The New Tomato — UCLA Researchers Engineer Tomatoes That Mimic Good Cholesterol
Mar 20, 2013 05:34 PM EDT | By Jon Novak
University of California Los Angeles (UCLA) researchers have genetically engineered tomatoes to produce a peptide, a compound containing two or more amino acids linked in a chain, that causes the tomato to imitate the actions of good cholesterol when eaten.
A study was published in the Journal of Lipid Research that proved the peptide in tomatoes actually worked, after they fed them to a group of mice and found that they had less inflammation and plaque build-up in their arteries. The tomatoes were fed to the mice ground up and freeze-dried.
"This is one of the first examples of a peptide that acts like the main protein in good cholesterol, and can be delivered by simply eating the plant," said senior author Dr. Alan M. Fogelman, executive chair of the department of medicine and director of the atherosclerosis research unit at the David Geffen School of Medicine at UCLA. "There was no need to isolate or purify the peptide - it was fully active after the plant was eaten."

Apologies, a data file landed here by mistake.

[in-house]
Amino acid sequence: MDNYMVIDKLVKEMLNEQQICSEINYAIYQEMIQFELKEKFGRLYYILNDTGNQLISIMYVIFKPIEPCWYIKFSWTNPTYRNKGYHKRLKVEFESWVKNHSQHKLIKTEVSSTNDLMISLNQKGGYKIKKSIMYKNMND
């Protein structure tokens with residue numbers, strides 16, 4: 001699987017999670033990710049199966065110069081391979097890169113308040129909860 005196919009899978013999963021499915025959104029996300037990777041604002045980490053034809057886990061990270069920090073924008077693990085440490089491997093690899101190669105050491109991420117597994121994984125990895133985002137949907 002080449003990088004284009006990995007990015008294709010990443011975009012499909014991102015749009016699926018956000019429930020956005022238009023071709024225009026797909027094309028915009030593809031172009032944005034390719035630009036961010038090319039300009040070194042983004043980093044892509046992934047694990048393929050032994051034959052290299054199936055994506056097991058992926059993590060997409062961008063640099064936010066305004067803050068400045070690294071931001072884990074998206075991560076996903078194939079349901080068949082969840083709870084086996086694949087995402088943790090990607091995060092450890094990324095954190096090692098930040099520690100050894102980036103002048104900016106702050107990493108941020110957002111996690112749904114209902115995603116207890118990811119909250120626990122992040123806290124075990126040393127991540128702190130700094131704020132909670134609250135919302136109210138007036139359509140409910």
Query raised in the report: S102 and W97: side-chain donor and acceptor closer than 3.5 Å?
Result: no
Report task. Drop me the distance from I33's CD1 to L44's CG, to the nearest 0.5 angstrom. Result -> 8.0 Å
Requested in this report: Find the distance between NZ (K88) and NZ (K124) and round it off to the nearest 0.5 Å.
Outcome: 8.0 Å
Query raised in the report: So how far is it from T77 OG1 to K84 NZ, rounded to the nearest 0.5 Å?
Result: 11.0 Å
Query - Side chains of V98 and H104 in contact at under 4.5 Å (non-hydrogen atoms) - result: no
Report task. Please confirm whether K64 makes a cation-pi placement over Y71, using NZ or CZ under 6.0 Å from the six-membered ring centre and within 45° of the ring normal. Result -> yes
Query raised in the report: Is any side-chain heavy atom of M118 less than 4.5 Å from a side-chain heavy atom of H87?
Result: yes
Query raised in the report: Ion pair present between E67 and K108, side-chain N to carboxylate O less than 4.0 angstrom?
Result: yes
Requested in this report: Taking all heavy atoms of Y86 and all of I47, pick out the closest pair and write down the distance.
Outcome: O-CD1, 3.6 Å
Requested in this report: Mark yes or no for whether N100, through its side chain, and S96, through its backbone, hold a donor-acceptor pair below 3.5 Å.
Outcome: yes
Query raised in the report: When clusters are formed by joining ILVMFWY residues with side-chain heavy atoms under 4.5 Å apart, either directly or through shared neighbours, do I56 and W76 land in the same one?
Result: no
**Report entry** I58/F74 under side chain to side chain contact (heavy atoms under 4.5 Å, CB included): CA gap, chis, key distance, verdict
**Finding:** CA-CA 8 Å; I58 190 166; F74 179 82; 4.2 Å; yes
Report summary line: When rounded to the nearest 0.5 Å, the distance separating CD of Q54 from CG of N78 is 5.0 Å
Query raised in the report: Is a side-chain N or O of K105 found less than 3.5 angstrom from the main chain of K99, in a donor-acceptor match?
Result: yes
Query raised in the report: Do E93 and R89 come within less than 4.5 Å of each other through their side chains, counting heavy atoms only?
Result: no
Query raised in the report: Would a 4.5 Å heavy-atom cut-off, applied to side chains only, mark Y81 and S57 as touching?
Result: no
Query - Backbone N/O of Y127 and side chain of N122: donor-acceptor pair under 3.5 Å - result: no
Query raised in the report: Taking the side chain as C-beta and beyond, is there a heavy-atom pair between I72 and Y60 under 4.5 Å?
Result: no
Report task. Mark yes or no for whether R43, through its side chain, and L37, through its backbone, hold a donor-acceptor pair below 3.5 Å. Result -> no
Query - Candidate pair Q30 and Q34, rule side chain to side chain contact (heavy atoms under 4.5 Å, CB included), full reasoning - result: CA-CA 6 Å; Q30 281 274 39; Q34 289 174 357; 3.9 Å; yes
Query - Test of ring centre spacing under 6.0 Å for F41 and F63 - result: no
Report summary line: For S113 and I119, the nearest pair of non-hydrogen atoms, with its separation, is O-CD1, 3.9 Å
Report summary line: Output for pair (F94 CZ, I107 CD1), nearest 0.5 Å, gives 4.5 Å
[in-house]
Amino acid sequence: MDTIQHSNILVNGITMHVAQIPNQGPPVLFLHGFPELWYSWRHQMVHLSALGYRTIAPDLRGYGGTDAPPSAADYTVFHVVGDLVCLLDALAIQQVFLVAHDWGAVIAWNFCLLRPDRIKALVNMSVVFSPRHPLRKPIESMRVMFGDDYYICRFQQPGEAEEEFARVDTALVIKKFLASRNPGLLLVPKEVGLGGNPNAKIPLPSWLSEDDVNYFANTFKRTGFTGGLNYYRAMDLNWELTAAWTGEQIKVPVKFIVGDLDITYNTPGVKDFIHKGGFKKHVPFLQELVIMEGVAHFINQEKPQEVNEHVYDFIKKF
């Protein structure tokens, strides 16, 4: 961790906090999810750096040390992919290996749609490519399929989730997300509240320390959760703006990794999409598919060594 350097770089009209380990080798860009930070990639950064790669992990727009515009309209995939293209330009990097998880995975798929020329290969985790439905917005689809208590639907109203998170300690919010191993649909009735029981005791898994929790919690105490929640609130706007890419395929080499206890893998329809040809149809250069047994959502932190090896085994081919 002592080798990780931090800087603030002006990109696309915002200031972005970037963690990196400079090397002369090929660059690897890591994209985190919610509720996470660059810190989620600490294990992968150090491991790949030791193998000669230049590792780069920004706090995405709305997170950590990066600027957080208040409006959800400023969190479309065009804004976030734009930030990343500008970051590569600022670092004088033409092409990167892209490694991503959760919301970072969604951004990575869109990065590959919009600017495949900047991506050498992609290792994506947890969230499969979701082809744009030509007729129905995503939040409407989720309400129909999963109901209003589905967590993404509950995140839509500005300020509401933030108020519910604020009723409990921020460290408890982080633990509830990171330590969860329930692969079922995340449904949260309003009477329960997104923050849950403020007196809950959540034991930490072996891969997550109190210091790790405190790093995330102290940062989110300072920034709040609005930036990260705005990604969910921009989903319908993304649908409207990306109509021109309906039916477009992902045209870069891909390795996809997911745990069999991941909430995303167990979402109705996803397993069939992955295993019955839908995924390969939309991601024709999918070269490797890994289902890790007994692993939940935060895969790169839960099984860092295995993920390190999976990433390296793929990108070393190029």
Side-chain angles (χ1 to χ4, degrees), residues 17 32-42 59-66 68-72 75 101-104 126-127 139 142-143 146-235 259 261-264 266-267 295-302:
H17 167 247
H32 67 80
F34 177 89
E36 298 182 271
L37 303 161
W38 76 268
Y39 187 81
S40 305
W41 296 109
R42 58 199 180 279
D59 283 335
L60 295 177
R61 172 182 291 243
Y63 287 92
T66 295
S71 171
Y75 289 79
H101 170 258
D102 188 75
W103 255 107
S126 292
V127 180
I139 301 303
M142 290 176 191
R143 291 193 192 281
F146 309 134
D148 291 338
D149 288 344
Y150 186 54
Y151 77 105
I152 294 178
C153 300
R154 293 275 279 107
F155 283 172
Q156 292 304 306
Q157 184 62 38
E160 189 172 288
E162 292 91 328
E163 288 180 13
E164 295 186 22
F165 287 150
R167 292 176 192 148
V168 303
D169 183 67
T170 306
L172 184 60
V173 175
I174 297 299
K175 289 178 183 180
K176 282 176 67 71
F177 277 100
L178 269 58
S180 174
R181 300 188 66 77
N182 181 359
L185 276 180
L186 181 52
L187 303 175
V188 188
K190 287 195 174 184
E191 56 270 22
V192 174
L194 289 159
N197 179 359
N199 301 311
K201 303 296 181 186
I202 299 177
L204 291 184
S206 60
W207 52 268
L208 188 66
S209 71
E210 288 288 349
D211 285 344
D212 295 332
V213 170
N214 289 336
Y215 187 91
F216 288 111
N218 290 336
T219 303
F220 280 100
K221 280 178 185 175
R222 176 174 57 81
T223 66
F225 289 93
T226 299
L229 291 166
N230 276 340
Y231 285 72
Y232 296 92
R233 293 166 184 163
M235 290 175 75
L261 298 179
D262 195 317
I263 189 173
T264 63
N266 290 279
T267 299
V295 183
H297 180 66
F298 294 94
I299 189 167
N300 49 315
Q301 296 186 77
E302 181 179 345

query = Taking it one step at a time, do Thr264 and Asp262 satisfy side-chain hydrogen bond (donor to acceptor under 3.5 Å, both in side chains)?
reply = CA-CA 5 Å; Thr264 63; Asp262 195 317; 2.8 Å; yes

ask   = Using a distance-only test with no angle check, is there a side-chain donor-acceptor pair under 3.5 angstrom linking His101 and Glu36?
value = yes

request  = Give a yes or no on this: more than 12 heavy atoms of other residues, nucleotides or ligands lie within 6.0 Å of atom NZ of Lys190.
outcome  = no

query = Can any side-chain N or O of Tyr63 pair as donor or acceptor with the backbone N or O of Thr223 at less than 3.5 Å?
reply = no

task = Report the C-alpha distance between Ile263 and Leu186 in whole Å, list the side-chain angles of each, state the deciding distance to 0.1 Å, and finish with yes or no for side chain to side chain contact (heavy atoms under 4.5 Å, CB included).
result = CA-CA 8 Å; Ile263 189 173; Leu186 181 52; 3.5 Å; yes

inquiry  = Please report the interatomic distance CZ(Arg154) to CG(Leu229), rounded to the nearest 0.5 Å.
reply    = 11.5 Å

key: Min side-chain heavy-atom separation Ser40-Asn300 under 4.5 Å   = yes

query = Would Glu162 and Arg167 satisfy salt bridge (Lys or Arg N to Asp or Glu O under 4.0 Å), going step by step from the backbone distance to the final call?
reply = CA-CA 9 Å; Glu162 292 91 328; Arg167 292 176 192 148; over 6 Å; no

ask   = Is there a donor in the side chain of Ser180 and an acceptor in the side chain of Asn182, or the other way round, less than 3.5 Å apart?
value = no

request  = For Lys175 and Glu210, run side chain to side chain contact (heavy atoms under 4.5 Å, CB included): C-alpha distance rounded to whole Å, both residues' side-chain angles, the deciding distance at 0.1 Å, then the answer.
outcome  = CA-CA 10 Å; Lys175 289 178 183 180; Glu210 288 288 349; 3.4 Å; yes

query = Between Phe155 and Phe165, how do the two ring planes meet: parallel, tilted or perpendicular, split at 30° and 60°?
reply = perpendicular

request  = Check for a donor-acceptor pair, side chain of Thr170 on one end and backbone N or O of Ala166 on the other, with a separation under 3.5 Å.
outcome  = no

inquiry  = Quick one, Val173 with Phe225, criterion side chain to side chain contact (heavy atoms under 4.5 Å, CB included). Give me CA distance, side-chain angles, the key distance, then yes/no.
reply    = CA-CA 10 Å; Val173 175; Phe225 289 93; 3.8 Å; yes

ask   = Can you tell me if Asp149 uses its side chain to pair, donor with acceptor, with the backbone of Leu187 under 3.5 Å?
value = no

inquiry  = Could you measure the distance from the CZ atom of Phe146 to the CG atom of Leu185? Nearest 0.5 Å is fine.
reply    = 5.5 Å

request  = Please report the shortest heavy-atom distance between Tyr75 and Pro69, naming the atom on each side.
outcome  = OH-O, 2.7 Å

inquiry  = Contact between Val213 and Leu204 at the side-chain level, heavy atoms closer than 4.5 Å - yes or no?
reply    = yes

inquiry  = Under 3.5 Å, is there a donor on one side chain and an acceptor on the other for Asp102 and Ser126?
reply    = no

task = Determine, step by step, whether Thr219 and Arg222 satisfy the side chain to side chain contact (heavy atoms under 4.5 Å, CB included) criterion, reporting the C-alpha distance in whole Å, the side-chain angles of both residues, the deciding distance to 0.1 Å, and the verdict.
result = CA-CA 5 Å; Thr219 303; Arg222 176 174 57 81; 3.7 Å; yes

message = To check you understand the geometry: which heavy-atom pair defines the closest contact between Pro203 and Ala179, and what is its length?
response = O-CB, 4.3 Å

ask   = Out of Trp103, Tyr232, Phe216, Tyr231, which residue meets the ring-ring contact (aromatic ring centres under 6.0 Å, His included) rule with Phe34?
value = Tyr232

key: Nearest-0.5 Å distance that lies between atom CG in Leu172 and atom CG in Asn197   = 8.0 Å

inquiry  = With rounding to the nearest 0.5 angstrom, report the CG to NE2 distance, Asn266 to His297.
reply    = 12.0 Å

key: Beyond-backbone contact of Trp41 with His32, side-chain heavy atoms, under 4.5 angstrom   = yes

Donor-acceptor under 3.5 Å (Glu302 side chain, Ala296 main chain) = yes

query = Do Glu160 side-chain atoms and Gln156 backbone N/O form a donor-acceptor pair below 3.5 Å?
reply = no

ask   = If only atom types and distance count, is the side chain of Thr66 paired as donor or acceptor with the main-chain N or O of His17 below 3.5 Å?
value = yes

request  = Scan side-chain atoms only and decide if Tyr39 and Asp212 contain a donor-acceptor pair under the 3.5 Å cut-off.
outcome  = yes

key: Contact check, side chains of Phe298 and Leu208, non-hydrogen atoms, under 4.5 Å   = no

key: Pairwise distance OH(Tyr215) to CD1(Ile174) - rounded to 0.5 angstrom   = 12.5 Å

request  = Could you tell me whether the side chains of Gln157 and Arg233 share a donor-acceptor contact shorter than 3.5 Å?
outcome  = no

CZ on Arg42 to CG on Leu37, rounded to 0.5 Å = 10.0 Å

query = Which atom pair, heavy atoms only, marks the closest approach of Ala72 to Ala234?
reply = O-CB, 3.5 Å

What the researchers didn't expect was to find the peptide to be active in the small intestine before degrading to natural amino acids before absorbing into the blood. Stated in the press release, this suggests that by possibly "targeting" the small intestine, they might be able to find a new strategy to "prevent diet-induced atherosclerosis, the plaque-based disease of the arteries that can lead to heart attacks and strokes."
To see results, the team had to genetically engineer tomatoes to produce "6F," a tiny peptide that "mimics" the action of "apoA-1," the chief protein in high-density lipoprotein, known simply as HDL or what scientists call "good" cholesterol. The scientists fed these tomatoes to mice that lacked the ability to remove "bad" cholesterol from their blood, causing them to develop inflammation and atherosclerosis if consuming a diet high in fat. Hours after the mice had their share of genitically modified, freeze-dried tomatoes, the "intact" peptide was found in the small intestine, but none was found in the blood.
"It seems likely that the mechanism of action of the peptide-enhanced tomatoes involves altering lipid metabolism in the intestine, which positively impacts cholesterol," said the study's corresponding author, Srinavasa T. Reddy, a UCLA professor of medicine and of molecular and medical pharmacology.
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